Table of Contents — September 2012, 23 (suppl 9)
- Abstract Book of the 37th ESMO Congress Vienna, Austria, 28 September – 2 October 2012
HE4 protein and SMRP: Potential novel biomarkers in ovarian cancer detection.
Oncol Lett. 2012 Sep;4(3):385-389
Epithelial ovarian cancer has the highest mortality of all gynecological cancers, and its progression is often without symptoms. Clinical outcome and survival may be improved if the disease is identified in the early stages. The objective of the study was to evaluate the utility of the serum biomarkers human epididymis protein 4 (HE4), soluble mesothelin-related protein (SMRP) and CA125 in the detection of ovarian cancer. In this retrospective study, the serum concentrations of CA125, HE4 protein and SMRP were measured in a cohort of 70 patients with epithelial ovarian cancer (EOC) compared with 78 healthy controls. Median serum levels of CA125 for ovarian cancer cases were 503.55±560.7 U/ml vs. 9.28±14.47 U/ml in the control group (p<0.001); for SMRP 5.13±7.64 nM vs. 1.02±0.89 nM (p<0.01); and for HE4 597.95±934.59 pM vs. 56.75±43.79 pM (p<0.001), respectively. Positive correlations between the clinical stage of EOC and CA125, HE4 and SMRP serum concentrations were found [(R=0.83; p<0.001); (R=0.64; p<0.001); (R=0.45; p<0.001), respectively]. Data analysis for the whole study group also revealed a significant correlation between plasma concentrations of CA125 and HE4 (R=0.45; p<0.001), between CA125 and SMRP (R=0.38; p<0.001) as well as HE4 and SMRP (R=0.51; p<0.001). Similar significant correlations between serum biomarker concentrations were also found in the ovarian cancer group [CA125 and HE4 (R=0.31; p<0.01); CA125 and SMRP (R=0.25; p<0.05); HE4 and SMRP (R=0.44, p<0.001), respectively]. A significant correlation was observed between the serous histological type of EOC and serum concentration of HE4 in the study group compared with other non-serous types of ovarian cancer (p<0.01). In conclusion, measuring CA125 in combination with new biomarkers such as SMRP and HE4 may improve the accuracy of ovarian cancer diagnosis, particularly in early detection of the disease.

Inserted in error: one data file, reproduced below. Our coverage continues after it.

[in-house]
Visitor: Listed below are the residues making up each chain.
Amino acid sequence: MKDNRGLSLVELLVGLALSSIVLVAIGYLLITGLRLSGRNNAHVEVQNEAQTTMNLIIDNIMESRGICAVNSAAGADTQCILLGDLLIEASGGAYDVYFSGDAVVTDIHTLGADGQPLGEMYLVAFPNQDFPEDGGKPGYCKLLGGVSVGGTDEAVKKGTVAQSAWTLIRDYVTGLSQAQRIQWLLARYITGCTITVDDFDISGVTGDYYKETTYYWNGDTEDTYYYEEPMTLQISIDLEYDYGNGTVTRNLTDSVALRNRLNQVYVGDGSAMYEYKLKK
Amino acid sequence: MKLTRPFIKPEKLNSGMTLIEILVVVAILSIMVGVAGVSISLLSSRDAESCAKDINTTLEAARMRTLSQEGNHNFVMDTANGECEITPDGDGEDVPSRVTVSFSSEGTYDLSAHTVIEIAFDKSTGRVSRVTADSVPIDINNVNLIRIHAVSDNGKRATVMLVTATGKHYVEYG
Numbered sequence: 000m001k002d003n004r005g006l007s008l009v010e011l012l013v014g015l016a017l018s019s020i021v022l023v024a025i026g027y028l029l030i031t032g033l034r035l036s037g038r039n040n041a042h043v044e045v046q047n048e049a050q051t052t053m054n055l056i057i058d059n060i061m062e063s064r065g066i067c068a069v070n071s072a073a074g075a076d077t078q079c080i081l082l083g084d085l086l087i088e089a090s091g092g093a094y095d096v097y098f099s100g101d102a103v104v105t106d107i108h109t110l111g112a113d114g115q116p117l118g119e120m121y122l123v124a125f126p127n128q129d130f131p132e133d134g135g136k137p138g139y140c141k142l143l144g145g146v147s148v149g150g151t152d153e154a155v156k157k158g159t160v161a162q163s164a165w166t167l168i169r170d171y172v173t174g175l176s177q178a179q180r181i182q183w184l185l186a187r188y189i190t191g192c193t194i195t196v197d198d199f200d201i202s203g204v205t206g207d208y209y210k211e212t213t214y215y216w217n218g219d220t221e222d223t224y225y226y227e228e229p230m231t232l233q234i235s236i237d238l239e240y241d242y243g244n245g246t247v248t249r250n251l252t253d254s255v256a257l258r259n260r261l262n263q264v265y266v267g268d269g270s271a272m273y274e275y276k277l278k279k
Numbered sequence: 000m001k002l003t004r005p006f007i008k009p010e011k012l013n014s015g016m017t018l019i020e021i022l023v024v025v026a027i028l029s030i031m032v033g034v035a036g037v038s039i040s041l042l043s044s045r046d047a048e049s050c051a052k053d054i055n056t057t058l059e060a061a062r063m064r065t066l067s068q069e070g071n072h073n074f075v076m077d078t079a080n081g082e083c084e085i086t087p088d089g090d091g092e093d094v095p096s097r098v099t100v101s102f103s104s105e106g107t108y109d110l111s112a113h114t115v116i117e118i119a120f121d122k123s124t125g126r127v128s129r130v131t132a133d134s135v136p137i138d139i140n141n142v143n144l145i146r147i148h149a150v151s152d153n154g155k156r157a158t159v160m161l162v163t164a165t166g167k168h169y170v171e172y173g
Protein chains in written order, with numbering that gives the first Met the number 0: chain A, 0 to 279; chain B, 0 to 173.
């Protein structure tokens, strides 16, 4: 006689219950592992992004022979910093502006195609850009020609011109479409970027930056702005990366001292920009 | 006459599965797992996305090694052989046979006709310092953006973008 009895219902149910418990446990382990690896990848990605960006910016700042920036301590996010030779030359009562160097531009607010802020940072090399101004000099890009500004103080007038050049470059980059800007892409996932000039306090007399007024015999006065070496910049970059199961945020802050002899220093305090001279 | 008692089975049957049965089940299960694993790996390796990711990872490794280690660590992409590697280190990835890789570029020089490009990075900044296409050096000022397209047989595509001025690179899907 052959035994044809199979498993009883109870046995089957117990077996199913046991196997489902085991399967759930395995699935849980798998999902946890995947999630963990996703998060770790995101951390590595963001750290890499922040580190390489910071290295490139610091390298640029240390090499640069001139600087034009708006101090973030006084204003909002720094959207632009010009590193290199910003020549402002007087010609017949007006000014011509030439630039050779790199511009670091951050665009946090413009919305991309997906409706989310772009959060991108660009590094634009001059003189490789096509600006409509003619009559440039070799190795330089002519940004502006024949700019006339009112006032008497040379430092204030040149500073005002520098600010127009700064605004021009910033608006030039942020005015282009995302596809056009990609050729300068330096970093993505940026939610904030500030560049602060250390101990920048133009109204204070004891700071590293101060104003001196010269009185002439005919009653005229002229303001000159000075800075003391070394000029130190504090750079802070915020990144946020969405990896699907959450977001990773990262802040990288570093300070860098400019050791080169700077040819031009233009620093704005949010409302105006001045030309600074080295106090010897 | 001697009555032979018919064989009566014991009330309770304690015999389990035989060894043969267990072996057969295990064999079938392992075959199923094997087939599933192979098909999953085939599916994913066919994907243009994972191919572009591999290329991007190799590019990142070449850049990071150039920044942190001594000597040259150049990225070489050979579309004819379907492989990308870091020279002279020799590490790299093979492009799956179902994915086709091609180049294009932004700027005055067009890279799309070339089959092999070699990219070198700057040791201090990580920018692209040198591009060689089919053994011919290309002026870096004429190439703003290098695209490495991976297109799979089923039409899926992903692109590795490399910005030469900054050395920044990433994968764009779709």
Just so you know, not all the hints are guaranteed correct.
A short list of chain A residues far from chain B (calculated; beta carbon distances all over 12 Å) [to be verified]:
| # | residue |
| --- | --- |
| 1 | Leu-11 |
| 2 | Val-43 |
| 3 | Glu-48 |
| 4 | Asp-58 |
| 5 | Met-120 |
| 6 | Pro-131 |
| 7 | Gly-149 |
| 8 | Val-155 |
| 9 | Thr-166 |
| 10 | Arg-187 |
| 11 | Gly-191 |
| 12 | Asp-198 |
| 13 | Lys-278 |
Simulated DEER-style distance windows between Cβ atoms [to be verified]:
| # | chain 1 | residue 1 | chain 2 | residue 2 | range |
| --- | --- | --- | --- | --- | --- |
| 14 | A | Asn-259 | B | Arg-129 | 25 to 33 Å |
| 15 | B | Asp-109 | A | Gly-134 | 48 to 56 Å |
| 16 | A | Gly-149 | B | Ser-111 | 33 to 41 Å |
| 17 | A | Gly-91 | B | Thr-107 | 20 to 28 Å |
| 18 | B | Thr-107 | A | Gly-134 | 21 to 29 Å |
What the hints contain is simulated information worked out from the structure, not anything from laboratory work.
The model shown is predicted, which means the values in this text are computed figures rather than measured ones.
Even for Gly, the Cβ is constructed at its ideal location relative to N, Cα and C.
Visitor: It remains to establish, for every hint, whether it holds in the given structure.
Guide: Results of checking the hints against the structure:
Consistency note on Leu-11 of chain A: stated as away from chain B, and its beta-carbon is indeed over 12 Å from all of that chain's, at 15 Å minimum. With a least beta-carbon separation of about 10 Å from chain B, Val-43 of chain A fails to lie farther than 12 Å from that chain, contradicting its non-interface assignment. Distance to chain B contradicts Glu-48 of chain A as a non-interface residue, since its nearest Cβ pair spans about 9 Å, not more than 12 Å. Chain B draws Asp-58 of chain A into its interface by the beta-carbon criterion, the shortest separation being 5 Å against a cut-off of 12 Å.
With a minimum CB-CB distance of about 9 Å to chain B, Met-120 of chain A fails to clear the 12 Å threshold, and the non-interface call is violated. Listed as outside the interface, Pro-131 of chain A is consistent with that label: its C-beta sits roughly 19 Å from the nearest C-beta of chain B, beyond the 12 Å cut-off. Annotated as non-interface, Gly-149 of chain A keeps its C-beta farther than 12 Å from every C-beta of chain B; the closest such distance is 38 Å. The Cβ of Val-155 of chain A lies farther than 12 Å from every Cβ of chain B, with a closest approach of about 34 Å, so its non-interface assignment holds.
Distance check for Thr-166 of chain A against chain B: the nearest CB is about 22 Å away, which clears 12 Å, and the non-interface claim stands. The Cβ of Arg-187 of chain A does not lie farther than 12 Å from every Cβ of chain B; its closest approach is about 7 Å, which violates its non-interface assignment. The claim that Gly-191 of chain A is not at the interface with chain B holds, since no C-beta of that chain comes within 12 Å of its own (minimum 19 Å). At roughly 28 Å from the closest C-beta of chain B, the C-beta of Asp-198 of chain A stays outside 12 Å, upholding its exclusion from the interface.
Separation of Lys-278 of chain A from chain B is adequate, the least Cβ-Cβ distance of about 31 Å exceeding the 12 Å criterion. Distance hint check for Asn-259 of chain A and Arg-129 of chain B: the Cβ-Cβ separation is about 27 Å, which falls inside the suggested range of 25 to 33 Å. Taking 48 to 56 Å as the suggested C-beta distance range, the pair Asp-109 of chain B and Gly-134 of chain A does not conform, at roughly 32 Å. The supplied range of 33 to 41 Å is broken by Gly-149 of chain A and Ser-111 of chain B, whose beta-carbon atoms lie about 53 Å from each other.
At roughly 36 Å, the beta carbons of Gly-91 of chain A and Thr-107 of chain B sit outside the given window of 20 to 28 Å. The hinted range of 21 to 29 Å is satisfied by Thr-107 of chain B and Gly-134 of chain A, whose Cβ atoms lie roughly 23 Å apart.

PMID: 22984370 [PubMed - as supplied by publisher]
“Am I going to be OK, doc?”“Yes. Yes, you are.”“How do you know?”“Because I'm a doctor.”
He's a Canadian hero known all around the world, and on Sunday thousands of people are lacing up to walk or run in his name. Terry Fox runs are being held across the country and the GTA, with the goal of continuing Terry's dream of raising money for cancer research. "What you ever you do you gotta do the best you can possibly do, and I'm going to give it everything I possibly can," Fox said. And that he did, as Fox ran his Marathon of Hope, inspiring people across a nation. Martha McLew, Ontario Director of the Terry Fox Foundation, says there are 17 runs in the GTA alone. "I think that when people come out to the Terry Fox run, they realize they are doing it for such a personal reason, they are doing it for a loved one, and to really thank Terry at the same time," McLew said. There is no per-registration needed and no mandatory fee. To find a run near you, click here.http://www.680news.mobi/article.aspx?content_id=401999
OBJECTIVE: A cohort study was conducted to evaluate whether preoperative plasma HE4 levels could predict the occurrence of death (primary endpoint) and progression (secondary endpoint) in women with ovarian cancer (OC).
METHODS: Between 1998 and 2006, we recruited 136 women newly diagnosed with OC of any FIGO stage at the University Hospital, CHUQ-L'Hôtel-Dieu de Québec, Canada. HE4 was measured using the Abbott's ARCHITECT HE4 assay. Dates of death were obtained by record linkage with the Québec mortality files. Progression was evaluated using the CA-125 or the RECIST criteria, as recommended by the Gynecology Cancer Intergroup. Adjusted hazard ratios (HR) of death and progression, as well as their 95% confidence intervals (CI), were estimated using the Cox proportional hazard regression model.